Bruce Springsteen is known as the American artist. Despite all the various singer-songwriters that try to display the frustrations of working class Americans, no one does it like The Boss. And there’s no better time than now for Springsteen to jump full force into the ideas of The American Dream with upcoming election, the occupy movement and everyone starting to feel the pressure of the economic state of America. Wrecking Ball is an album filled with Springsteen putting all his anger into these tracks, while still giving us some really beautiful softer songs in the process.
I was a little worried at first with the first track and single of album, “We Take Care of Our Own” coming with a statement saying that the record would be very different from anything else by Springsteen including “drum loops”. And while “We Take Care of Our Own” and a few other tracks do have loops, they never distract from the music and fit in quite well. Most of them sound like real drums. The track is really just a great Springsteen track that sounds like it could have been on Born In The USA.
“Easy Money” has some steel guitar and fiddle that would have fit in on Devils and Dust. Springsteen’s lyrics about a man and his wife doing whatever kind of odd jobs they can get by, including robbing banks and prostitution. Springsteen’s characters doing what they can to makes ends meet shows up again on “Jack of All Trades”, one of the two tracks to feature Rage Against The Machine’s guitarist Tom Morello. The track starts off with a slow piano and lines about cleaning drains, mowing lawns, fixing cars and farming. The track builds nicely with horns swelling into the mix until it becomes a instrumental fill with a mandolin. Although, when Morello’s solo comes in it sounds a little too forced.
Morello’s guitar work fits in nicely with “This Depression”, a track that’s pretty much exactly what you’d expect from the title. It’s almost too sappy at moments but Springsteen knows how to pull these kind of tracks off, look at his 2008 record Magic. “This Depression” fits in well with Wrecking Ball and is one of Springsteen’s finer slower tracks.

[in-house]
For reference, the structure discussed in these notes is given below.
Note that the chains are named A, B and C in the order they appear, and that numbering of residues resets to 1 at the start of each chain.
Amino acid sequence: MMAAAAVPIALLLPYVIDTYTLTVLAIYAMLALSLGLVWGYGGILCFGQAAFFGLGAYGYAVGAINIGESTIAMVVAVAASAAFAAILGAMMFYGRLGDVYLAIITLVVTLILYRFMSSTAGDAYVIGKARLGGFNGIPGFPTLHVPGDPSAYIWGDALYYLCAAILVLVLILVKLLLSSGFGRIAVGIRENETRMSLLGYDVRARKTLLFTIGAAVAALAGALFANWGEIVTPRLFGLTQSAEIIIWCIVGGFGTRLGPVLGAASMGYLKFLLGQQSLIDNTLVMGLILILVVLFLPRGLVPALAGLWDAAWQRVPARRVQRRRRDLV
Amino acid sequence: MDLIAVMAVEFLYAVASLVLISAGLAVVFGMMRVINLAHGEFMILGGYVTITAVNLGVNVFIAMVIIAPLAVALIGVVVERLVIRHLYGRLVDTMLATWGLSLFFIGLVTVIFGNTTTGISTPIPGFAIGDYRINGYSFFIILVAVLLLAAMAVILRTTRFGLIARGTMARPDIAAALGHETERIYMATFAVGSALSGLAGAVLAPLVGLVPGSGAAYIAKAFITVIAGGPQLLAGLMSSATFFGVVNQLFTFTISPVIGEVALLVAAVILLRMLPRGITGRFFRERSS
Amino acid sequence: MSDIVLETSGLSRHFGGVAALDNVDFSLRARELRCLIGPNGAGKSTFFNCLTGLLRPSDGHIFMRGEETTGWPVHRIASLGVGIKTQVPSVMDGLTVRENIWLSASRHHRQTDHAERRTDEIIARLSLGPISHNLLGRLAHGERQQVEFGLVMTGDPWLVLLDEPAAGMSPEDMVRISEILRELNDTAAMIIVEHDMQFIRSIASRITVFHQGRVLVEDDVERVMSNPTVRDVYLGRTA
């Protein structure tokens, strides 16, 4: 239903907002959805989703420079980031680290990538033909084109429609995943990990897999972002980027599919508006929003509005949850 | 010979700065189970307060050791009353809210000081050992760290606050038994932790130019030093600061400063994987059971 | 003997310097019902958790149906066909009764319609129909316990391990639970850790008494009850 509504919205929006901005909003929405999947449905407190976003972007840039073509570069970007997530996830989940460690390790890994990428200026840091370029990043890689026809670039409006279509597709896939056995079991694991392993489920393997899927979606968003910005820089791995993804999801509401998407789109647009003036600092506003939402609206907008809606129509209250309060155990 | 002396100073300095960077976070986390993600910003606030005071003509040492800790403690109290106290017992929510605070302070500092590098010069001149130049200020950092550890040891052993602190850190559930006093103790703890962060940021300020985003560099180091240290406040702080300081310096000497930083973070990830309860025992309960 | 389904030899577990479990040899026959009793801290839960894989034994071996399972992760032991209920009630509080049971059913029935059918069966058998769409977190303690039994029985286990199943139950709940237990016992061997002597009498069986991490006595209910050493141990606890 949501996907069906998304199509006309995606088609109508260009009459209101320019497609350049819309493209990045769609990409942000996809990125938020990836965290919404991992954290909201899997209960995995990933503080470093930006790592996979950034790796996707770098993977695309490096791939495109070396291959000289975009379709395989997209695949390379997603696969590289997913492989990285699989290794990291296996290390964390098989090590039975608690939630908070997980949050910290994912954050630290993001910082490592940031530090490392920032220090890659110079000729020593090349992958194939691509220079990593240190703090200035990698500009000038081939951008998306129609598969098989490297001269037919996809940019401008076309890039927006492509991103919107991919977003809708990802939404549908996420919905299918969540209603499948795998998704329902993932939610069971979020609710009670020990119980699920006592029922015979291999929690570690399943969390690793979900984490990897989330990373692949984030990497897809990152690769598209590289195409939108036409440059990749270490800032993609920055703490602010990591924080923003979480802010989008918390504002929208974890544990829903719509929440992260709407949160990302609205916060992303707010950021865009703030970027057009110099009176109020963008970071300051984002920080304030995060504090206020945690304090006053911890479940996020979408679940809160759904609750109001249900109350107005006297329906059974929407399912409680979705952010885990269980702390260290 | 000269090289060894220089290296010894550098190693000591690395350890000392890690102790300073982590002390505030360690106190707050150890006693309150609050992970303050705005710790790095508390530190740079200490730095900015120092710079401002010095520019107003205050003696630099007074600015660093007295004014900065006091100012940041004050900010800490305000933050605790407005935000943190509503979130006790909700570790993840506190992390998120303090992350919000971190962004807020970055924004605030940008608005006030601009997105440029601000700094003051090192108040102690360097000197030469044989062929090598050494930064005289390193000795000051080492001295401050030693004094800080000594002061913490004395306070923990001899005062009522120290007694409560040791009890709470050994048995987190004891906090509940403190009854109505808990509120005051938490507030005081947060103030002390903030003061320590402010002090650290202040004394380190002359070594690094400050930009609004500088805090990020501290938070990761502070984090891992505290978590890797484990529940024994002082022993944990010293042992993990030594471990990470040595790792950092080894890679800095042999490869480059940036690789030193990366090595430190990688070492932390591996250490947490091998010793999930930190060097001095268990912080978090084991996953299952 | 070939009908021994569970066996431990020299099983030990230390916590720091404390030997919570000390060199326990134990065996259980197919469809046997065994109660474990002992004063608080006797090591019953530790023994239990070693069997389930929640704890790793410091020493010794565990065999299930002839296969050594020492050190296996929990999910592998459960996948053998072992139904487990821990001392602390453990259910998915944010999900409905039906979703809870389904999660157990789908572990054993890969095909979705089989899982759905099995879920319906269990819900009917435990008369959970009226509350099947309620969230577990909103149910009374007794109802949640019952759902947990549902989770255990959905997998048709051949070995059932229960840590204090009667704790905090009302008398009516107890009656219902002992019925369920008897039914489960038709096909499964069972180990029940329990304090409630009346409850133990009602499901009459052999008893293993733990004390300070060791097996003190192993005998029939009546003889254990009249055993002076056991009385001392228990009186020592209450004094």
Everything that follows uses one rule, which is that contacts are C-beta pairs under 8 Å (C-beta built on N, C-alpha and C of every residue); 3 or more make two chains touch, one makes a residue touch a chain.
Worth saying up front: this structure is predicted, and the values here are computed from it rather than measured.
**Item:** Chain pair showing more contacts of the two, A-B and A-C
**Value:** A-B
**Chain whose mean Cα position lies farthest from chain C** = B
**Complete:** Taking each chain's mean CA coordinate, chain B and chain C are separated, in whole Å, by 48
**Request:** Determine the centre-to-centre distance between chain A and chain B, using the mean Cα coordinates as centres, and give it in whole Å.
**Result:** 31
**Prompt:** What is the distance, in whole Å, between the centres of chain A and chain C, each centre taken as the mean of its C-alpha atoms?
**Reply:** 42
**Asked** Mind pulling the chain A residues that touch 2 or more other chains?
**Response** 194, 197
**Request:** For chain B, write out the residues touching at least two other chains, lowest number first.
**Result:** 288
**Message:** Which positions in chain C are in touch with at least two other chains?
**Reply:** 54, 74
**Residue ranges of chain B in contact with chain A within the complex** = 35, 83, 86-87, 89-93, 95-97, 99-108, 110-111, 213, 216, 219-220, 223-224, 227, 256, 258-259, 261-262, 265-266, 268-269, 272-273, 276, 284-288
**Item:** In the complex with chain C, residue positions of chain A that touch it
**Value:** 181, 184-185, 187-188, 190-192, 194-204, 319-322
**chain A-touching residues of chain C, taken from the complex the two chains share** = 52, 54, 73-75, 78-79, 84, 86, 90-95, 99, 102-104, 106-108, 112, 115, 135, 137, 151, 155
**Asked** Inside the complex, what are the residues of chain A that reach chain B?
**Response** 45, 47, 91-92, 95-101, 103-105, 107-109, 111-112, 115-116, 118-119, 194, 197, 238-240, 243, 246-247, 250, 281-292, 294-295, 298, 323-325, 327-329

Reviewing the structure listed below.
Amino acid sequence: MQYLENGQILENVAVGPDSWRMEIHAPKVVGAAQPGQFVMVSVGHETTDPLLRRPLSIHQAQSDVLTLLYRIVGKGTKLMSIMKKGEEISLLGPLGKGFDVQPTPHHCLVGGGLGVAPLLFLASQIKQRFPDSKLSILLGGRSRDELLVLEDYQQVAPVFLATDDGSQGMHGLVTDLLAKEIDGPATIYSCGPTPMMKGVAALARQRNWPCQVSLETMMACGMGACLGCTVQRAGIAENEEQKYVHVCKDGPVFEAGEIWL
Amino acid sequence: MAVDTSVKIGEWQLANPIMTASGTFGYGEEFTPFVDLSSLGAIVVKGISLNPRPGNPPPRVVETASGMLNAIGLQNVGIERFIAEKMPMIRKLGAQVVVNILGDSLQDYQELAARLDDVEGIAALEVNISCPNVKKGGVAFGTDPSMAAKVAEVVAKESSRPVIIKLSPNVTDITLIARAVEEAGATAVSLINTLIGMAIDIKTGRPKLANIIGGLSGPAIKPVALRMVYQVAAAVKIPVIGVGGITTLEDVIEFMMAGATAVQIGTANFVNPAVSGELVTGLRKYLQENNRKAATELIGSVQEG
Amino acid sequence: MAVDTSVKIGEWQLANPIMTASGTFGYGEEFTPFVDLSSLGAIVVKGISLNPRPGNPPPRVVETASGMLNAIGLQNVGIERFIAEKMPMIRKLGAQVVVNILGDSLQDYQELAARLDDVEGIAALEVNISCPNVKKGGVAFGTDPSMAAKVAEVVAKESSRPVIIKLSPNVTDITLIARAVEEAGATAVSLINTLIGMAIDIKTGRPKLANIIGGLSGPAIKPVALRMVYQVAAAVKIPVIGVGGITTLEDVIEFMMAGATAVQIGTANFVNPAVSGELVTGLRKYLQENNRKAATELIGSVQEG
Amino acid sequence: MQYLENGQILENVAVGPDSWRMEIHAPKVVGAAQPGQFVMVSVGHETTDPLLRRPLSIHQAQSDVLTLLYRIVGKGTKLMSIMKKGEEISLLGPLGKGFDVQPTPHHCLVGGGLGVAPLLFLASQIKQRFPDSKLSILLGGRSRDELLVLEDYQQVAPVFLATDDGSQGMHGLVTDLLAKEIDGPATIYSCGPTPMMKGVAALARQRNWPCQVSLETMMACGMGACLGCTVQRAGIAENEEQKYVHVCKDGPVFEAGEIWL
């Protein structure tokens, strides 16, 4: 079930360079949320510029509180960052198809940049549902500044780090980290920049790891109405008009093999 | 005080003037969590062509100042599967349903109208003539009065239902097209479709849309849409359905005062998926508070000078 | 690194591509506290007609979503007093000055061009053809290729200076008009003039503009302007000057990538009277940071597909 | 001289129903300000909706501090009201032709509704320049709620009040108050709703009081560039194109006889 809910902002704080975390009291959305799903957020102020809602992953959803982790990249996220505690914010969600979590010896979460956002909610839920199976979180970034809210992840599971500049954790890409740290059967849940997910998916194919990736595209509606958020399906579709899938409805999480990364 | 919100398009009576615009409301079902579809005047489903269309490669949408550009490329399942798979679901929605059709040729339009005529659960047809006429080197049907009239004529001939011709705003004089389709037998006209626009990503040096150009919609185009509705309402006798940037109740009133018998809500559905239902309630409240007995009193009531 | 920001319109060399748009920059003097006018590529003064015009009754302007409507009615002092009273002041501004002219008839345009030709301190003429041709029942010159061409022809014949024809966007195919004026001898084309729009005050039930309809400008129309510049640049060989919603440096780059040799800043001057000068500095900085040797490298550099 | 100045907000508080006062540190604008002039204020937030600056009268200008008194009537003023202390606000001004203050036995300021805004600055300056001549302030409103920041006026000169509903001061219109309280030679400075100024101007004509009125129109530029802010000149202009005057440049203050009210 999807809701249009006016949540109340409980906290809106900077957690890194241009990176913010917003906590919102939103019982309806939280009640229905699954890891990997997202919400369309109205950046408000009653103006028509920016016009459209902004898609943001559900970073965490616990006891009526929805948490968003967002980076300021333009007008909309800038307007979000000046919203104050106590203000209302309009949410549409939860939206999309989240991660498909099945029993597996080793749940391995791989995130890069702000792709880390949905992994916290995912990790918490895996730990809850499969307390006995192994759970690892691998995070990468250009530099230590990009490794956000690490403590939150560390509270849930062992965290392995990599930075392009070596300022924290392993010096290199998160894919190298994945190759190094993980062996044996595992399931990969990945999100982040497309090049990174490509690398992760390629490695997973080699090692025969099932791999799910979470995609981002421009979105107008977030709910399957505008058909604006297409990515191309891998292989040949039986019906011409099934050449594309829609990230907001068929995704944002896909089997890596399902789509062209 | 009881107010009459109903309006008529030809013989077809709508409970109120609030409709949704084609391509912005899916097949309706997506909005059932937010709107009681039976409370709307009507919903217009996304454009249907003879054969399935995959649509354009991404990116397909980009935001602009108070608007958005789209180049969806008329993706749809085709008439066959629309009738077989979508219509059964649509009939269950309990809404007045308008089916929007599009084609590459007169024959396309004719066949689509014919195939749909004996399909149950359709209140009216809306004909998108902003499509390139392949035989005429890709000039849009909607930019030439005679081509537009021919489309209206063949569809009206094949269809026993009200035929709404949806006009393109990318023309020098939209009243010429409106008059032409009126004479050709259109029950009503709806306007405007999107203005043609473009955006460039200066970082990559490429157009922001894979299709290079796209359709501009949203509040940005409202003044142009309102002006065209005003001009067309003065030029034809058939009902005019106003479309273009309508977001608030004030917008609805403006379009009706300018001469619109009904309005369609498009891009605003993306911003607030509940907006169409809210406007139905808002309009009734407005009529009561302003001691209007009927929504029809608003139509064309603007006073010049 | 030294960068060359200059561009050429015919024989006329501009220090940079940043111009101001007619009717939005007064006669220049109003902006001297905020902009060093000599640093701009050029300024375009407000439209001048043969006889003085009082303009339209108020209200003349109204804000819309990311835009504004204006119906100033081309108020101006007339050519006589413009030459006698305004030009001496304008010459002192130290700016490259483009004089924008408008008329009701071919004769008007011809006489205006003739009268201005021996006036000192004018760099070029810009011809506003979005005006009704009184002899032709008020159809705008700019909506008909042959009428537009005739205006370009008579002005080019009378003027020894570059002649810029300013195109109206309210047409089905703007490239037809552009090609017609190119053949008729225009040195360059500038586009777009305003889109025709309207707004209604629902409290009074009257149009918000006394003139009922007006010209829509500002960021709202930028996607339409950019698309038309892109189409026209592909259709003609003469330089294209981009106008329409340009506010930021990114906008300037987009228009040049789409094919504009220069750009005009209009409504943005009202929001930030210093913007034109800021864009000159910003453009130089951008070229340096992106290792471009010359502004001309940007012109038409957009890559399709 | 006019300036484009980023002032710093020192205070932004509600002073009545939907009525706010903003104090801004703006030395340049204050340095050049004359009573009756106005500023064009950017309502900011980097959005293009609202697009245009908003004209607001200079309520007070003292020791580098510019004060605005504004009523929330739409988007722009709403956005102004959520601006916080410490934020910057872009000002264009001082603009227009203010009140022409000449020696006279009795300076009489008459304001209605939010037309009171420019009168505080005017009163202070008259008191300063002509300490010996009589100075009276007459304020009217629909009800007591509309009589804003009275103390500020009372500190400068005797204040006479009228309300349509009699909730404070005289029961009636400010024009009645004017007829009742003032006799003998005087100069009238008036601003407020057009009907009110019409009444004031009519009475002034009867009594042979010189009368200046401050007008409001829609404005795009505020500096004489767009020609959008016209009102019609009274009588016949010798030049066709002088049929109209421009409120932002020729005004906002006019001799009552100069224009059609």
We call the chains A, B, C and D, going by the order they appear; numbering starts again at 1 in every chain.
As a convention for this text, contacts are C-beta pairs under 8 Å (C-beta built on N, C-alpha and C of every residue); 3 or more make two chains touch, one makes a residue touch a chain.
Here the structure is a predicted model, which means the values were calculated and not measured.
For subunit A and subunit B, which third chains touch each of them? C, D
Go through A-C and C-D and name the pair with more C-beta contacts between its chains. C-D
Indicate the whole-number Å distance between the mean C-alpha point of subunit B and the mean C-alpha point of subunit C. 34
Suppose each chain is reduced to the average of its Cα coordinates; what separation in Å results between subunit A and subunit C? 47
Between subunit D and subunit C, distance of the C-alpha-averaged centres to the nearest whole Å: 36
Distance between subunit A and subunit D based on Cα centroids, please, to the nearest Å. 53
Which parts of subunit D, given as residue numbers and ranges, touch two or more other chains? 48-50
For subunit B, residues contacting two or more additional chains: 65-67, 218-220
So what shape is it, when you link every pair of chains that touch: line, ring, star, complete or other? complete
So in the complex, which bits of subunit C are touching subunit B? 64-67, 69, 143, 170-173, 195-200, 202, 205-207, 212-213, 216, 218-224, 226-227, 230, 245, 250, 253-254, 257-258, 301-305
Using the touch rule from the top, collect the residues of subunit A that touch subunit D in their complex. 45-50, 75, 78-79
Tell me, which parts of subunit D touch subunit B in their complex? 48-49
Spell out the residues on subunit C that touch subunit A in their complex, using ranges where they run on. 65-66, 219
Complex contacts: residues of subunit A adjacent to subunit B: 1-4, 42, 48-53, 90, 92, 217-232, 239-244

“Shackled And Drawn” is another classic sounding Springsteen track with accordion and even a little Celtic feel going for it. The E Street Band are in full force on this track and the lyrics are great too (“Freedom’s son’s a dirty shirt/The sun on my face and my shovel in the dirt”). The track ends with a woman singing “I want everybody to stand up together and be counted tonight!” It sounds like something you might hear at a southern church and that sound of Christianity shows again on “Rocky Ground”. The lyrics are great at times, with Springsteen singing about the biblical flood, Jesus damning “the money changers” in the temple and allusions to shepherds and their flock and there’s nothing quite as uplifting as Springsteen singing “there’s a new day coming”. But then something happens where a rap is brought in after the second chorus. Springsteen has made missteps before (The Rising’s “Worlds Apart” or Working On A Dream’s “Queen of The Supermarket”) but this sounds more out of place than anything else on the record, practically ruining a near great track.
“Death To My Hometown” and the closing track, “We Are Alive” bring in more Celtic folk and country to Wrecking Ball. The E Street Band have shown that they can play this material with their Live In Dublin record, and these original tracks bring in something quite new to Springsteen’s catalog. “Death To My Hometown” has a great sing-along quality to it with it’s pounding drums and gunshots keeping the track going. The lyrics about families and factories being destroyed by the big guys are great. “We Are Alive” is perfectly optimistic, like most of the songs on Working On a Dream. Springsteen sings about Americans who fought to make the country what it is, Americans who died for our freedom and rights (“I was killed in Maryland in 1877/When the railroad workers made their stand”). The E Street Band give out some beautiful harmonies, much as they did on 2009’s “The Last Carnival”.
The E Street Band lost their standout member, Clarence Clemons “Big Man”, last year. And his distinct saxophone shows up twice on the record. “Wrecking Ball” might be the most angry track here, although Springsteen sings to “hold tight to your anger”. It’s a call to arms, a massive track that’s as anthemic as anything on Born To Run.
“Land of Hope and Dreams” starts off with an organ and a gospel singer, before bringing in more voices and a banjo. Then it takes off with guitars and mandolins. Things go back down with just a light drum loop and an acoustic guitar before the track builds back up. Springsteen puts forth his best lyrics of the album sounding like a preacher, even taking some lines from Curtis Mayfield’s “People Get Ready” and making a track that’s just as powerful. Springsteen puts everything he’s got into the track with the “this train…” segment becoming more and more powerful and then The Big Man comes in making one last final blow through his trumpet. It’s not just a great song, it’s one of Springsteen and The E Street Band’s finest moments, ranking up there with “Jungleland”.
Wrecking Ball is not just the Bruce Springsteen record for the moment, it’s one of the best in his long discography. The great American songwriter has done it again, with just right amount of anger and optimism. Wrecking Ball covered plenty of ground for Springsteen, but still has all the elements that have made his songs so special for so many people.
Rating: 8.7 out of 10.